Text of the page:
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How to Increase Your Electric Bill to $630 per Month

The opening of Vermont's largest solar farm last week demonstrates conclusively what a terrible bargain solar photovoltaic electricity at the current state of the industry is for Vermont. If we paid as much for all of our electricity as we pay for the electricity we get from the Chittenden County Solar Partners project and similar projects around the state, the average Vermont residential electric bill would go from just over $100 to over $600 monthly.

As Art Woolf wrote on Vermont Tiger, utilities are required by law to buy electricity from this and other projects at $.30 per kilowatt hour; this is called a feed-in tariff. This is not only twice the average RETAIL cost of electricity in Vermont; it is more than five times the average wholesale price that Vermont utilities paid for electricity in 2010, according to ISO New England which manages regional power sharing. These numbers were well-reported by the media as were David Blittersdorf's comments that the project would not have been built if the subsidy were lower. Blittersdorf is a cofounder of Chittenden County Solar Partners and Founder, President, and CEO of All Earth Renewables, which supplied the solar tracking arrays to Solar Partners.

What has not been reported in this context is the other subsidies this project received. The project is eligible for a 30% federal tax credit, which the Stimulus Bill allows to be collected upon project completion as a grant. The project is also eligible for a 30% Vermont tax credit (which Solar Partners elected to take as a 15% grant instead). In other words, grants and credits from public funds cover 45% to 60% of the depreciable costs – equipment and labor – of projects like this one in Vermont. When the Vermont Clean Energy Development Fund, of which I was then a member, held hearings on the Vermont tax credits, prospective developers told us that they would not be able to build these projects without the Vermont credit even though they would get $.30/kwh for twenty-five years from the utilities plus the federal credit.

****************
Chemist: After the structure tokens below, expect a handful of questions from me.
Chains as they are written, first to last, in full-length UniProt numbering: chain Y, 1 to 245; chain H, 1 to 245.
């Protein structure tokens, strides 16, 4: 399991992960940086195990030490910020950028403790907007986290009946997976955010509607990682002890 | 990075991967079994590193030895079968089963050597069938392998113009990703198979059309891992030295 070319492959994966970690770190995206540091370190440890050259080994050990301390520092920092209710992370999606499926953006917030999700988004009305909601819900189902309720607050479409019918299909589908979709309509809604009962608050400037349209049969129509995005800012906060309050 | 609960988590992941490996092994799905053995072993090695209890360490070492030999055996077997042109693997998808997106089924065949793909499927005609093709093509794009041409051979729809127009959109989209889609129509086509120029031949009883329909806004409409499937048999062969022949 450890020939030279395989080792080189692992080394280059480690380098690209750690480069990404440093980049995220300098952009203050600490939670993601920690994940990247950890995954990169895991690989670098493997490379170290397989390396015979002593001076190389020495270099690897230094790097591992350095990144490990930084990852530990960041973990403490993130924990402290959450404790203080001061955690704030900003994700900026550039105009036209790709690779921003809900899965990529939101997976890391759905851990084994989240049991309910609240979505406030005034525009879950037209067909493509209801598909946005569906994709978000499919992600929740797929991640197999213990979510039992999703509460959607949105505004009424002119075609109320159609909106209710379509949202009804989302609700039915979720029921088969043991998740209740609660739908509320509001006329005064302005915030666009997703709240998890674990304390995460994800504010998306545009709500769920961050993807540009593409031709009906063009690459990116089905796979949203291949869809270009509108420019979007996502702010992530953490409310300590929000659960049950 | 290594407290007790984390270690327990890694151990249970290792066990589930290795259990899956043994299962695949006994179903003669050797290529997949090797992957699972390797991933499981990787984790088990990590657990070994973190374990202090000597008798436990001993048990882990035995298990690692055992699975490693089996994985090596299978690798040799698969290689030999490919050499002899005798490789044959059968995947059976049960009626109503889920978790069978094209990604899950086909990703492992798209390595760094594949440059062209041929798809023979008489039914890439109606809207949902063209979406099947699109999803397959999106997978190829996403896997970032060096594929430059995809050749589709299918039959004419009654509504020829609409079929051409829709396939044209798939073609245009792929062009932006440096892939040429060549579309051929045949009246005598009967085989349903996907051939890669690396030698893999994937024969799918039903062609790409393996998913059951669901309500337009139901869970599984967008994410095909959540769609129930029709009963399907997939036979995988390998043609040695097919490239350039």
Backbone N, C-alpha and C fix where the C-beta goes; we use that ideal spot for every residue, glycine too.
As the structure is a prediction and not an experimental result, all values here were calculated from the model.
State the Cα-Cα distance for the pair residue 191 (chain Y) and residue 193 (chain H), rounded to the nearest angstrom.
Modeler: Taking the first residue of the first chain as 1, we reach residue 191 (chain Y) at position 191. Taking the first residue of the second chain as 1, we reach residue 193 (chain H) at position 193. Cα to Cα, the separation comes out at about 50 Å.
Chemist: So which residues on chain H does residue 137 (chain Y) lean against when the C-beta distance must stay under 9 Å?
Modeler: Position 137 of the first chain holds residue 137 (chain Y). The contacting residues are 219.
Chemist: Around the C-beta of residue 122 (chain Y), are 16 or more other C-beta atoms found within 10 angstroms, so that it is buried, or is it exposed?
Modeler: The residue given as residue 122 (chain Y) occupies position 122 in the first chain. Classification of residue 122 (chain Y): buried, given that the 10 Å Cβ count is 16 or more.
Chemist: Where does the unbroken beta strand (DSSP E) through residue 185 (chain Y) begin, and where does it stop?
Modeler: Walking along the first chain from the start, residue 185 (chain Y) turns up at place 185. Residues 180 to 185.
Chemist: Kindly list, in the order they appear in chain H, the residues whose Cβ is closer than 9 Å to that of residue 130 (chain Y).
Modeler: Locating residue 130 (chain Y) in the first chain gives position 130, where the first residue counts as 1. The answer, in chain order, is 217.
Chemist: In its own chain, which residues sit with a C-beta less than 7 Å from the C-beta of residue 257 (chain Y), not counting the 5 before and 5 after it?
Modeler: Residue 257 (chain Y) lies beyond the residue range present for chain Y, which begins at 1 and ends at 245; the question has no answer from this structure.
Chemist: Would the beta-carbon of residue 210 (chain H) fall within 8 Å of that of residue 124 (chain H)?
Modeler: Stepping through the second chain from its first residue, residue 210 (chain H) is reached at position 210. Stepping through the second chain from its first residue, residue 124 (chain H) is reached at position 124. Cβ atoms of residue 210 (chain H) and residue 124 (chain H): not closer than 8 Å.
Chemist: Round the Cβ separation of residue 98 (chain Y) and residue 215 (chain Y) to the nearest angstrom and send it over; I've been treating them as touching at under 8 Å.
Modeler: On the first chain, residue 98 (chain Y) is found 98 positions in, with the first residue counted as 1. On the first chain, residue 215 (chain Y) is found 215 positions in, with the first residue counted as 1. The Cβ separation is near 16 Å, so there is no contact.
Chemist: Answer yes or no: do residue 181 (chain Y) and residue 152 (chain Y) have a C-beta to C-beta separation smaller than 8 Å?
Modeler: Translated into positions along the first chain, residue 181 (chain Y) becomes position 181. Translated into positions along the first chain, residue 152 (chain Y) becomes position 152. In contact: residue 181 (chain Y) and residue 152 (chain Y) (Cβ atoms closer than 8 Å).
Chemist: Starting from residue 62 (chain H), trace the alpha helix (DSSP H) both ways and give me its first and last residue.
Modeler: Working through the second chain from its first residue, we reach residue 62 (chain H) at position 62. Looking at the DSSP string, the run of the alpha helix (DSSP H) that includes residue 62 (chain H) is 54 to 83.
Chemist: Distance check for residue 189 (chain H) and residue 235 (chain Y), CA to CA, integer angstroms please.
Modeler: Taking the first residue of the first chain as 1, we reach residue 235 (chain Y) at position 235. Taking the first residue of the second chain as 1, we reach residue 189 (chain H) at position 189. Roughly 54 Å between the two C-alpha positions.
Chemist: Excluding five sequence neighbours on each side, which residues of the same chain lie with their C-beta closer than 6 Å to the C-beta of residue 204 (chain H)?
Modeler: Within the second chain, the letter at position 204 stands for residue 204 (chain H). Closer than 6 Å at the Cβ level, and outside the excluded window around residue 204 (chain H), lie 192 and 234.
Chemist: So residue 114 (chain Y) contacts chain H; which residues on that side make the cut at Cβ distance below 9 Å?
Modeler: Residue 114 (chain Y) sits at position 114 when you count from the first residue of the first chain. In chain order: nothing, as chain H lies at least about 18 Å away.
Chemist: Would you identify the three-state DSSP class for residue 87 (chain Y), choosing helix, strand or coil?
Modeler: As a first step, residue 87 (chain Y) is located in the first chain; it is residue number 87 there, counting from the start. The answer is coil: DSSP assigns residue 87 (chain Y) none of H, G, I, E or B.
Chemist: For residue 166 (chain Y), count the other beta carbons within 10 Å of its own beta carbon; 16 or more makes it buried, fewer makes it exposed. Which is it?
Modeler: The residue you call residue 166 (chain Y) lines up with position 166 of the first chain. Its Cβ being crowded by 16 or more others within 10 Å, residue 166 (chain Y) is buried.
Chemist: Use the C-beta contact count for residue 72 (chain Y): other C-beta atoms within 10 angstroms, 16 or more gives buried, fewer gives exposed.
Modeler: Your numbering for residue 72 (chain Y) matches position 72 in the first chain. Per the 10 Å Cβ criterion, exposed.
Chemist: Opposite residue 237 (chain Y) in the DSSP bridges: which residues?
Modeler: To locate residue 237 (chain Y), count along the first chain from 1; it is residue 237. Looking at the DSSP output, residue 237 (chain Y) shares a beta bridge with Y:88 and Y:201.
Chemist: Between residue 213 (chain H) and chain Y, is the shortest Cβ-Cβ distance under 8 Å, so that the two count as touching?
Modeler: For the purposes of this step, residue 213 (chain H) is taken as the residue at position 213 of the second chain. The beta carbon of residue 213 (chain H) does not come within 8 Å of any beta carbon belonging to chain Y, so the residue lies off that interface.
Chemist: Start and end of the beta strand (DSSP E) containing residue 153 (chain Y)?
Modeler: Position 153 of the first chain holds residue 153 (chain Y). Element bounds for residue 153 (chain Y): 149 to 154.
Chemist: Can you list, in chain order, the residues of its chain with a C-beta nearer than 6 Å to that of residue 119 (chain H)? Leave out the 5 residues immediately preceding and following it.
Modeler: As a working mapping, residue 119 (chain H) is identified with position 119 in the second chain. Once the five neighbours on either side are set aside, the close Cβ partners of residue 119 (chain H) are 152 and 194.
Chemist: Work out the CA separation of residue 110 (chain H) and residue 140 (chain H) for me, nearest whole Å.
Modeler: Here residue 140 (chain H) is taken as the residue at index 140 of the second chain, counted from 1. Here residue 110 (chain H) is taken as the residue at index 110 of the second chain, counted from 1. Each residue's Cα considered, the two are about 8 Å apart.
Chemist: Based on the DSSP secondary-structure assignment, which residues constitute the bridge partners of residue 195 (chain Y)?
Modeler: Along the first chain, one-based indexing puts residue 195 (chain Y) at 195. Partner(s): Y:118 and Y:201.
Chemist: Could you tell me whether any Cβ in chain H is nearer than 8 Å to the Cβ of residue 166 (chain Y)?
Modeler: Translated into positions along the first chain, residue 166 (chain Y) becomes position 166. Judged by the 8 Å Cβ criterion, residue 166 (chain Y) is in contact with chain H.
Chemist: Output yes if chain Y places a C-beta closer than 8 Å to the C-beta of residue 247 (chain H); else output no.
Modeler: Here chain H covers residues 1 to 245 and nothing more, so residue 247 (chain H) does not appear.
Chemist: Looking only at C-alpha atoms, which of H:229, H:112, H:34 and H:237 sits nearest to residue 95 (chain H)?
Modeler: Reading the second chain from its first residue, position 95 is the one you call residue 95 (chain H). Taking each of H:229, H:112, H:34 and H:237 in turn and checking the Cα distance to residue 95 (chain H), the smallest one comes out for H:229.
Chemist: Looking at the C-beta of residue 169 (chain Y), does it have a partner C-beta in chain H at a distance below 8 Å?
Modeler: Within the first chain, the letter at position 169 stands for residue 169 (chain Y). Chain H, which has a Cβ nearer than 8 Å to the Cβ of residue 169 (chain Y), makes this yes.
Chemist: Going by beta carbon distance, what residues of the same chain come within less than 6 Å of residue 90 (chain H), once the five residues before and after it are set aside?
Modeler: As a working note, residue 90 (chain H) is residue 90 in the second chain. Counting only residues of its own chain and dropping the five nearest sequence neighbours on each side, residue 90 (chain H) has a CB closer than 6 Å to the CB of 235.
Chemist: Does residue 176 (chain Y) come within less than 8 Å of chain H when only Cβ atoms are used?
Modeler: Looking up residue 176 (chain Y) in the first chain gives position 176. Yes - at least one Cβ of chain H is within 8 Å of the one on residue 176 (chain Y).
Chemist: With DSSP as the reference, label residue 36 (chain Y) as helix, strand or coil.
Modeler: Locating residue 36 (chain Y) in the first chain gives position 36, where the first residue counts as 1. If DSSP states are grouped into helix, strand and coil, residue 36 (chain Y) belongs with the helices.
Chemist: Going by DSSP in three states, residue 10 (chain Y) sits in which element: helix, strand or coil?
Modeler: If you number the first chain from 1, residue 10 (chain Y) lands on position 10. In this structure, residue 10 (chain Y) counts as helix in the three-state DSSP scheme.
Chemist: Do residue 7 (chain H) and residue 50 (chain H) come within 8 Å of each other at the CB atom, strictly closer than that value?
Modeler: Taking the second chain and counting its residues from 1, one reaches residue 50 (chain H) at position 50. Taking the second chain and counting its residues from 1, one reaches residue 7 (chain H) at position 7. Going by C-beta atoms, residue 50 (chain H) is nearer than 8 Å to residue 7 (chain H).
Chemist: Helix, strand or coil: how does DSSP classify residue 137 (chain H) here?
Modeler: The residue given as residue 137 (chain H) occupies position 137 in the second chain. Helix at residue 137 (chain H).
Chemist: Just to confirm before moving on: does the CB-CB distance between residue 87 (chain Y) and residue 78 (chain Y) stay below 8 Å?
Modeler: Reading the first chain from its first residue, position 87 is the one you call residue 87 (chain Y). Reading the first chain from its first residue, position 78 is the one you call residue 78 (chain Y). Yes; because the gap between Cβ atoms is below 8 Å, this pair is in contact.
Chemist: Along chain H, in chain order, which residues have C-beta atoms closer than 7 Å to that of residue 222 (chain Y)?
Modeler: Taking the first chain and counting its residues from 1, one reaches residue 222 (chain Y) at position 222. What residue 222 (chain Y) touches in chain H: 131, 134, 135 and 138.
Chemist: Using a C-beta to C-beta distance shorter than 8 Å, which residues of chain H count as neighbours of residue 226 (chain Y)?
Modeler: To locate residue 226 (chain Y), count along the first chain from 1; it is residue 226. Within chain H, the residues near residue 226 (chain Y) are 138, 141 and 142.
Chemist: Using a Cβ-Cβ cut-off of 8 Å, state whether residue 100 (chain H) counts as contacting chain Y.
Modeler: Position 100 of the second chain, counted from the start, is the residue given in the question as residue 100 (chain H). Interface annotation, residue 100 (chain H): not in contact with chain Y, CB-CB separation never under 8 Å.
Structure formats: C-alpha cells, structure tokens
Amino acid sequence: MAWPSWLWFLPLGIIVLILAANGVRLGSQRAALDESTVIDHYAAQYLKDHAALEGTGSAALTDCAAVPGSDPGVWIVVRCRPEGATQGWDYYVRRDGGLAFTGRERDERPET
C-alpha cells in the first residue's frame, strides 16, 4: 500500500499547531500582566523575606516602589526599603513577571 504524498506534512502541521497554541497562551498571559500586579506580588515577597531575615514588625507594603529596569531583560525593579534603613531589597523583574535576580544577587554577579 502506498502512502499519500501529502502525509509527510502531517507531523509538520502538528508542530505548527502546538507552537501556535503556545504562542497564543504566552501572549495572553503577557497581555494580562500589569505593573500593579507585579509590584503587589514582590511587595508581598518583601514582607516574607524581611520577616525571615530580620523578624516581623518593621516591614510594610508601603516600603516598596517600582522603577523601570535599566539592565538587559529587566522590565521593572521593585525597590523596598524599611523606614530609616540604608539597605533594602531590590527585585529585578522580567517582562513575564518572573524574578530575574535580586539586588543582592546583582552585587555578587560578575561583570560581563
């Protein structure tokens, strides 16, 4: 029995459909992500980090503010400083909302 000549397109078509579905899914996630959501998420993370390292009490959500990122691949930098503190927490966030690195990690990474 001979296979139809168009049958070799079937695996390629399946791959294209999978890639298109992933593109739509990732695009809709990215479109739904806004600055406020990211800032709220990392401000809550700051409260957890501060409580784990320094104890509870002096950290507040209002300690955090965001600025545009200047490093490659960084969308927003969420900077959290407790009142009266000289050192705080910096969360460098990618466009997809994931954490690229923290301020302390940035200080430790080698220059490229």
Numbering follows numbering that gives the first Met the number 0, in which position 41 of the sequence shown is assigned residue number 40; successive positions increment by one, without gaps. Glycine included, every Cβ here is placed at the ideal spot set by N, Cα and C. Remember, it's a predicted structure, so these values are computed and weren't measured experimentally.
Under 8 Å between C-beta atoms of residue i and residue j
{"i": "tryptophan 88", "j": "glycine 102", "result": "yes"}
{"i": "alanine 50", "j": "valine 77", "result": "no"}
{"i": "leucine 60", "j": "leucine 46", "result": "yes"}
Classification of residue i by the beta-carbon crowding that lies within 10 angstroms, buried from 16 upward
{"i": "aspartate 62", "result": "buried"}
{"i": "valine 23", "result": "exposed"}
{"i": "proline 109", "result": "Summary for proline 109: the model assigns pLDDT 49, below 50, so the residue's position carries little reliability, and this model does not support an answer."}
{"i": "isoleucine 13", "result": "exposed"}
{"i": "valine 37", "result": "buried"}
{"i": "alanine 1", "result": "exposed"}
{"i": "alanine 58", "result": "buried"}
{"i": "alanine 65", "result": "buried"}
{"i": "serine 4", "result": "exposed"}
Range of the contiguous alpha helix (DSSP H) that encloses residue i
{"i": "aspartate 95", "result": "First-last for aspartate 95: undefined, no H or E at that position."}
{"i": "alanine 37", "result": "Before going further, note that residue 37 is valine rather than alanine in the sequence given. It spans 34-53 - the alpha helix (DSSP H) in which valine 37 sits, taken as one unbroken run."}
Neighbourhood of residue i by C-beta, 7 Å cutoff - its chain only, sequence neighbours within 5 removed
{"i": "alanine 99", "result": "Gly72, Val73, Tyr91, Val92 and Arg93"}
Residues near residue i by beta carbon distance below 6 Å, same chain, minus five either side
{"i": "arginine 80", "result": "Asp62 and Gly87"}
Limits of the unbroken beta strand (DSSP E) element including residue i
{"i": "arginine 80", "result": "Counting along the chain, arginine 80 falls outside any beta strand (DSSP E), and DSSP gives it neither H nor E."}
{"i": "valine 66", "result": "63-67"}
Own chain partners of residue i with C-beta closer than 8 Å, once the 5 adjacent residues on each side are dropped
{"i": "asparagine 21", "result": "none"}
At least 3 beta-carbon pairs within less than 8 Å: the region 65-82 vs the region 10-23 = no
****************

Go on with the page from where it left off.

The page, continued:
Since sunlight is free, the cost of solar power is determined largely by the capital required to build the facility. If the developers didn't receive capital subsidies, then they would have to sell their generated electricity for more to cover these costs. If you take away a 60% subsidy, the cost to the developer goes up 150%. (example: with a 60% subsidy, a million dollar project costs the developer only $400,000. Without the subsidy the developer has to put in $600,000 - $150% of $400,000 – more).To recover that money, the electricity has to be sold for 150% more - $.30/kwh becomes $.75/kwh. BTW, the Vermont subsidy fund, which was paid by Vermont Yankee, is depleted and federal capital subsidies for many forms of energy are likely to disappear in budget cutting. Astute readers will point out that this electricity is already costing us $.75/kwh since our money - or money borrowed in our names- was used for the capital subsidies. As a reality check, Germany, which has no equivalent of our tax credits but has as little direct sunlight as Vermont, until recently paid about US $.75/kwh as a feed-in tariff. So let's look at the math of what this does to residential electric bills in Vermont.

Residential rates for electricity (not counting the mandatory energy efficiency charge) now average about $.15/kwh. Utilities pay about $.06/kwh for electricity at wholesale on the average, so $.09/kwh of what we pay goes for transmission, administrative expense, maintenance and utility profit. Let's assume that $.09 remains constant (conservative assumption) no matter what the cost of the wholesale electricity. If the utilities had to pay $.75/kwh, they'd have to charge us $.84/kwh. According to the Vermont Public Service Department, the average Vermont residence uses 750 kilowatt hours of electricity per month. Cah-ching – at $.84/kwh that's $630/month! At that rate do you agree with Governor Peter Shumlin, as quoted on vtdigger.com, that the project is "a small example of how we make our planet sustainable and livable"? Good thing for us it's only a small example. And good thing for us you can't get solar energy at night or much of it during the winter; we won't really get to $600 plus electric bills any time soon.